There has been an outpouring of support for a family in Troy who may have been singled out because of their religion, including a "sizable donation" from another local business.

The benefactor, who wishes to remain anonymous, said he read about what happened at Five Pillars Butchery in Troy and was disappointed and saddened that someone might have targeted the family because of their faith.

“I wanted them to know that there are people around here who care that they’re here,” he said.

Hussam Al Rawi and Kathryn Piper, who own a halal butchery business, expressed their gratitude to the donor as well as to the many others who have come by their business, sent them emails or posted on the company’s Facebook page to show support.

“He said such beautiful supporting words,” Al Rawi said in an interview April 12. “It feels very comforting.”

Piper said support has come from people in the area and around the state.

“I really want people to know how grateful we are of the outreach and we truly appreciate everyone’s words of comfort,” she said. “We knew there would be support for us and we wanted to show whoever did this that they’re alone, not us.”

A national Muslim advocacy group last week called on Maine law enforcement officials to investigate whether Islamophobia played a role in an alleged shooting of a newly erected sign that took place Sunday, April 8, at a the family’s business, which is also their home.

The Council on American-Islamic Relations, or CAIR, sent a report Wednesday, April 11, to the Waldo County Sheriff’s Office after being contacted by Al Rawi and Piper, asking that during their probe they try to determine whether the person acted with bias when shooting at the sign.

Al Rawi, who is originally from Baghdad, Iraq, and is now a permanent resident of the United States, said he built the sign himself, using lumber he had on hand and cutting letters out of insulation material. He had been waiting for several weeks for the snow to melt to put up the sign and decided Sunday was the right time. He worked on the project for most of the day. About an hour later, as he was sitting with Piper and their two children inside their home, they heard a loud, strange noise outside. At the time they thought someone was setting off fireworks.

It wasn’t until the next morning that Al Rawi saw the eight holes in the sign from apparent gunshots.

“We’re not certain it was motivated by bias, but the timing is strange,” Ibrahim Hooper, CAIR’s national communications director, said April 11. “The wife wears an Islamic head scarf. I’m not aware of any other Muslim families in the area. It happened just an hour after he finished putting up the sign. All these things lead to the need to at least investigate the possibility that there was a bias motive.”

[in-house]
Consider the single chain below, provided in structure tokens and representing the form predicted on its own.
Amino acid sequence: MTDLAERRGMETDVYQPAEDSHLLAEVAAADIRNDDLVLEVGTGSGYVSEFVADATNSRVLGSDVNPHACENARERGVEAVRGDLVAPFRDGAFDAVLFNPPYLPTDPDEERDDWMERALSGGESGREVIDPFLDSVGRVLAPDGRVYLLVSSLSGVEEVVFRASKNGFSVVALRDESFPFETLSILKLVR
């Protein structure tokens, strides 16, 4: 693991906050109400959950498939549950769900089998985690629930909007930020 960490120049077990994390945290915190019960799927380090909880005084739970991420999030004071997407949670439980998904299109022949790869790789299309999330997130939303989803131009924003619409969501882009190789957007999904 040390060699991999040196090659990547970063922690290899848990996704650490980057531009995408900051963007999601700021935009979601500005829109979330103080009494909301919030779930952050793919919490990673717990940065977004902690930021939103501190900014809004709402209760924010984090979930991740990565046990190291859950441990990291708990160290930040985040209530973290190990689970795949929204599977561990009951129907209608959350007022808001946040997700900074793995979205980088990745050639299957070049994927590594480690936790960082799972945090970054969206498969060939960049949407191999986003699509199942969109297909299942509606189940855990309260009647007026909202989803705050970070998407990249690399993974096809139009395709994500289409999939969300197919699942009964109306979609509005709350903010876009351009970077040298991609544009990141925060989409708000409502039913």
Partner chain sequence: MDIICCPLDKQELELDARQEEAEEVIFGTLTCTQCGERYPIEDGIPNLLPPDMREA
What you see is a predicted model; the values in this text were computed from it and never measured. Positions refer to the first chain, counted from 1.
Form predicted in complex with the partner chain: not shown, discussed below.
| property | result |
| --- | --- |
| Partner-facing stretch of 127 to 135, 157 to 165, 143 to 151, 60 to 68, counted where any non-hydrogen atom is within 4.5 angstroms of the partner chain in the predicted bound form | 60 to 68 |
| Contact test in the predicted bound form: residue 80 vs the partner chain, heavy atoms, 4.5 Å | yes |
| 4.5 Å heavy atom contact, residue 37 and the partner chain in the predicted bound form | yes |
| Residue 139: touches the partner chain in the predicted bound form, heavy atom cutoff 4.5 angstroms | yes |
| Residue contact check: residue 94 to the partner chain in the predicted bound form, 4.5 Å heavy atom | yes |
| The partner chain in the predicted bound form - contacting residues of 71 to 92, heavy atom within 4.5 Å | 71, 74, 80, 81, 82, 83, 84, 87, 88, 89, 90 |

Hooper added that he thinks this could be representative of what CAIR sees as an overall rise in Islamophobia nationwide since President Donald Trump began his 2016 campaign for the presidency.

Al Rawi said he called the police April 9 when he discovered the bullet holes in the sign and that officers spent two hours at his home, taking pictures and talking with the family.

The couple met and were married about five years ago while Piper was teaching English abroad. Piper, who converted to Islam eight years ago, said her father’s family is from Maine and she spent summers here, swimming and rafting in the Kennebec River. For their first year in Maine, the couple and their children lived with her parents in Searsport before moving to Troy. 

Al Rawi said he is not sure whether he was targeted because of his faith, but if that is the case, this incident is the first time he has experienced Islamophobia directed at him and his family since he moved to the United States nearly two years ago.

“It’s not like a hate message that they sent; it was an actual shooting,” he said. “What would the next thing be? Maybe if I was out by the side of the road I would have been shot.”

Waldo County Sheriff’s Office is investigating the shooting. Chief Deputy Jason Trundy said April 12 that trying to find out what motivated a suspect is part of any normal investigation and would be looked at in this case.

Trundy said, depending on the information generated from the investigation, charges that might be brought if a suspect is caught could include criminal mischief, reckless conduct and reckless conduct with a dangerous weapon. If the police are able to determine that the family was targeted because of its Muslim faith, Trundy said the office would look to coordinate with the attorney general on the best way to move forward with applicable charges.

Al Rawi and Piper opened Five Pillars Butchery — a name that refers to the five pillars of Islam: faith, prayer, charity, fasting and pilgrimage to Mecca, the basic mandatory acts for those who practice the religion — about one year ago because of the difficulty they had finding halal — permissible — meat of quality. Al Rawi said he wanted the Muslim community in Maine to have a high-quality halal option.

According to the butchery’s website, for a meat to be permissible in Islamic tradition, the animal is handled gently and maneuvered so that it faces toward Mecca. God’s name should be mentioned and then the animal is killed with a swift cut to its throat so that its blood is drained from its body.

“After a couple hours (after police left Sunday), I called the police and asked if I could fix (the sign) so I could send a message to the shooter that we are here and we’re staying,” Al Rawi said.

Piper, who in the past has been involved in outreach events put on by the Islamic Center of Maine in Orono — a mosque and community of which the family is a part — said she wants to continue that work and organize similar events in the Troy area in the future.